Books read June 2013

The_First_Tycoon_-_Cornelius_Vanderbilt_(book_cover)The First Tycoon: The Epic Life of Cornelius Vanderbilt by T.J. Stiles — I chose this book because this biography won the Pulitzer Prize in 2010. The challenge for this biography is the story of the man and the story of the man in the times. Vanderbilt lived during the dramatic change in America as the country moved from small owner businesses to large corporations. Vanderbilt created monopolies in business, but initially he was breaking up the legally sanctioned monopolies of government created monopolies in transportation — ferries, short-haul and passenger ships and later railroads. At times, he angered the established power base by charging less, which in the end ran the competitors out. He also operated during the growth of the corporation as a legal person. Also how wealthy was Vanderbilt? Stiles writes that if Vanderbilt had liquidated his estate in 1876, his last full year of life, he would have received $1 for every $9 in existence. At the time the book was written, Bill Gates III was the richest man in the world. If his holding had been liquidated, he would have received $1 for every $20 in existence. I also feel that even though Gates is worth so much more than most, we all live so much better than those at the time of Vanderbilt. We all have gained from better nutrition, medicine and our lives feel richer thanks to computers, music, books, planes, trains and cars, etc. Vanderbilt had trains, but that’s not the same as a car.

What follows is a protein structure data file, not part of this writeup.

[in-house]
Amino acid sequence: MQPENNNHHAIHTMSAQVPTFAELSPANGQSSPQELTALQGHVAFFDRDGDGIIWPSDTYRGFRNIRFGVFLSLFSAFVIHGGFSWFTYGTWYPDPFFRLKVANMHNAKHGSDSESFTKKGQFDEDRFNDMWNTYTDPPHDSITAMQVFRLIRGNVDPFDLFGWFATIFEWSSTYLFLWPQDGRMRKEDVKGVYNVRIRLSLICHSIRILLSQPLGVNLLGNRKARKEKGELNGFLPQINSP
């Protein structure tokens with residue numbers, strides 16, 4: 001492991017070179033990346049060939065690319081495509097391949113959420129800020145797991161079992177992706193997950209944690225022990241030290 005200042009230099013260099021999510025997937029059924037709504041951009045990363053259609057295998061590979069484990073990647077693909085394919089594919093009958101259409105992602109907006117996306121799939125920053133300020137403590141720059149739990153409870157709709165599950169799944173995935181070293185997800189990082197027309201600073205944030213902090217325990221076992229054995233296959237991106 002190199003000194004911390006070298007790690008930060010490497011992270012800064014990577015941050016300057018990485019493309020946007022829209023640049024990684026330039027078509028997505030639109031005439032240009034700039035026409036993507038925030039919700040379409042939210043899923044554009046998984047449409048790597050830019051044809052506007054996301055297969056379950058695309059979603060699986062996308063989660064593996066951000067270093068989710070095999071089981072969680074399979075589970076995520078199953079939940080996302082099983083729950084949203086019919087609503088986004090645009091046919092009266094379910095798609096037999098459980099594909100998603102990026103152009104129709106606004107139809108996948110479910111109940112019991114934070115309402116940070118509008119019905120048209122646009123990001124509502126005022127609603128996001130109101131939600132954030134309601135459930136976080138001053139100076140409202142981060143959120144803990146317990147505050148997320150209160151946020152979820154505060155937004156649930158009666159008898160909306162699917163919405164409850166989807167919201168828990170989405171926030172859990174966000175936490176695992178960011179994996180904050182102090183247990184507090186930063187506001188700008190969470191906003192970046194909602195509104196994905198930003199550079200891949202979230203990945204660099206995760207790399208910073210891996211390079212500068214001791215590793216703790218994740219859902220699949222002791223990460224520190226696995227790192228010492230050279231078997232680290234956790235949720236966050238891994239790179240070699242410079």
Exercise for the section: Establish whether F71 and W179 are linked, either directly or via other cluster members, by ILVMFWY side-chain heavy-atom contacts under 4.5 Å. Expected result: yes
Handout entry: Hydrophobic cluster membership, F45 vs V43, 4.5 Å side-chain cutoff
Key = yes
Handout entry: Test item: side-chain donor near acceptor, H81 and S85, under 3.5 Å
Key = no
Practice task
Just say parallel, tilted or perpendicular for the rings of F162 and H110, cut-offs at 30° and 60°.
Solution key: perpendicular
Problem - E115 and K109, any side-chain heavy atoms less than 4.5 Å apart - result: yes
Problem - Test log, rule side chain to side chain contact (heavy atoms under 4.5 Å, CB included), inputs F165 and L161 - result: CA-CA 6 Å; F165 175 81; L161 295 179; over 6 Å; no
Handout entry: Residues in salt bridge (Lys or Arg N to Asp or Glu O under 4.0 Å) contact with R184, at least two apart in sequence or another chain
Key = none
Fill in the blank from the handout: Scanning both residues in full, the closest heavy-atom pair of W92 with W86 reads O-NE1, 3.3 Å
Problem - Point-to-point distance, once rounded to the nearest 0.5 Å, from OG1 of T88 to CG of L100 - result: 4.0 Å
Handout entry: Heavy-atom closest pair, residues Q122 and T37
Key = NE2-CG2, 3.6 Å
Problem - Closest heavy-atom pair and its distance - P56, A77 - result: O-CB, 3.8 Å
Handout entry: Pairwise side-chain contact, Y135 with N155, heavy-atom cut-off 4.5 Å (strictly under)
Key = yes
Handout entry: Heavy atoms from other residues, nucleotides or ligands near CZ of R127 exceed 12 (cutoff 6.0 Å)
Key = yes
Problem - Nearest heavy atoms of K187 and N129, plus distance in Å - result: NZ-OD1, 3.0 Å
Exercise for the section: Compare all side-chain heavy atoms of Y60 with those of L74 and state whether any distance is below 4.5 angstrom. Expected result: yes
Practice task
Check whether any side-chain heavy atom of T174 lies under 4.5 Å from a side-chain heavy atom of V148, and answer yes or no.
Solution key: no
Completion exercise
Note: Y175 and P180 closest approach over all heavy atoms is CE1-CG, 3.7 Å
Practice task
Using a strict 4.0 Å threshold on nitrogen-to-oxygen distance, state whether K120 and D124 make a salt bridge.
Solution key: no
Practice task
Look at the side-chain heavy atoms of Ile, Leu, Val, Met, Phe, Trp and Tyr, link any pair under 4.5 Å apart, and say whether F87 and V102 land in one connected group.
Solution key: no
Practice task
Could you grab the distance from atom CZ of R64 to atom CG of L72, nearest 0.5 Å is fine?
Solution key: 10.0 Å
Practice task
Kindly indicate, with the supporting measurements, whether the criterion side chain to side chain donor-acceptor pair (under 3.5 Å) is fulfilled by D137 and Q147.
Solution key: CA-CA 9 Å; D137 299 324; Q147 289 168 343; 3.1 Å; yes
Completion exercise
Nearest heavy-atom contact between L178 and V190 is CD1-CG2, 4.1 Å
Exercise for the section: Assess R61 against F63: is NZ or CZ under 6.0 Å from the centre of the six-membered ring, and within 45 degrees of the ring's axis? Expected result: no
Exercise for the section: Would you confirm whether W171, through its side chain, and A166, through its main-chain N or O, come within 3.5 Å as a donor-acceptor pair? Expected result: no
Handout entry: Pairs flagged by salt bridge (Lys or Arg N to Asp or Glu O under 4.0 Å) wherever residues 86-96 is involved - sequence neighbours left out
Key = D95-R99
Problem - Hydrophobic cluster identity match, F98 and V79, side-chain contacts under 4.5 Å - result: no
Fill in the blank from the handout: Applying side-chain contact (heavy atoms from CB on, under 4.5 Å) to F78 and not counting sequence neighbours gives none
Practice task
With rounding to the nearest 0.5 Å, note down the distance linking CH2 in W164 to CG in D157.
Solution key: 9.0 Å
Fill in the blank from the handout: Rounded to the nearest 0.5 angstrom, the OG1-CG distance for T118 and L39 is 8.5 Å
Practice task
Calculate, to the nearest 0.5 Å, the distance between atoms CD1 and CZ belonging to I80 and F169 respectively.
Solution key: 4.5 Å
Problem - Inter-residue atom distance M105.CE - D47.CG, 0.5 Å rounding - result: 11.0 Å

The Innovator’s Dilemma: When New Technologies Cause Great Firms to Fail
by Clayton Christensen — His story of how new technologies lead to the undoing of some companies and success for others is fascinating. It’s a challenge many technology companies face, and I’ve seen how daily newspapers have struggled. Christensen lays out reasons how companies can try to weather these changes, but in the end few do. But that change is necessary, it’s better than trying to stop the innovation.

Reading Vanderbilt’s disruption of his economy and the challenges existing companies have from new technologies were an interesting paradox.

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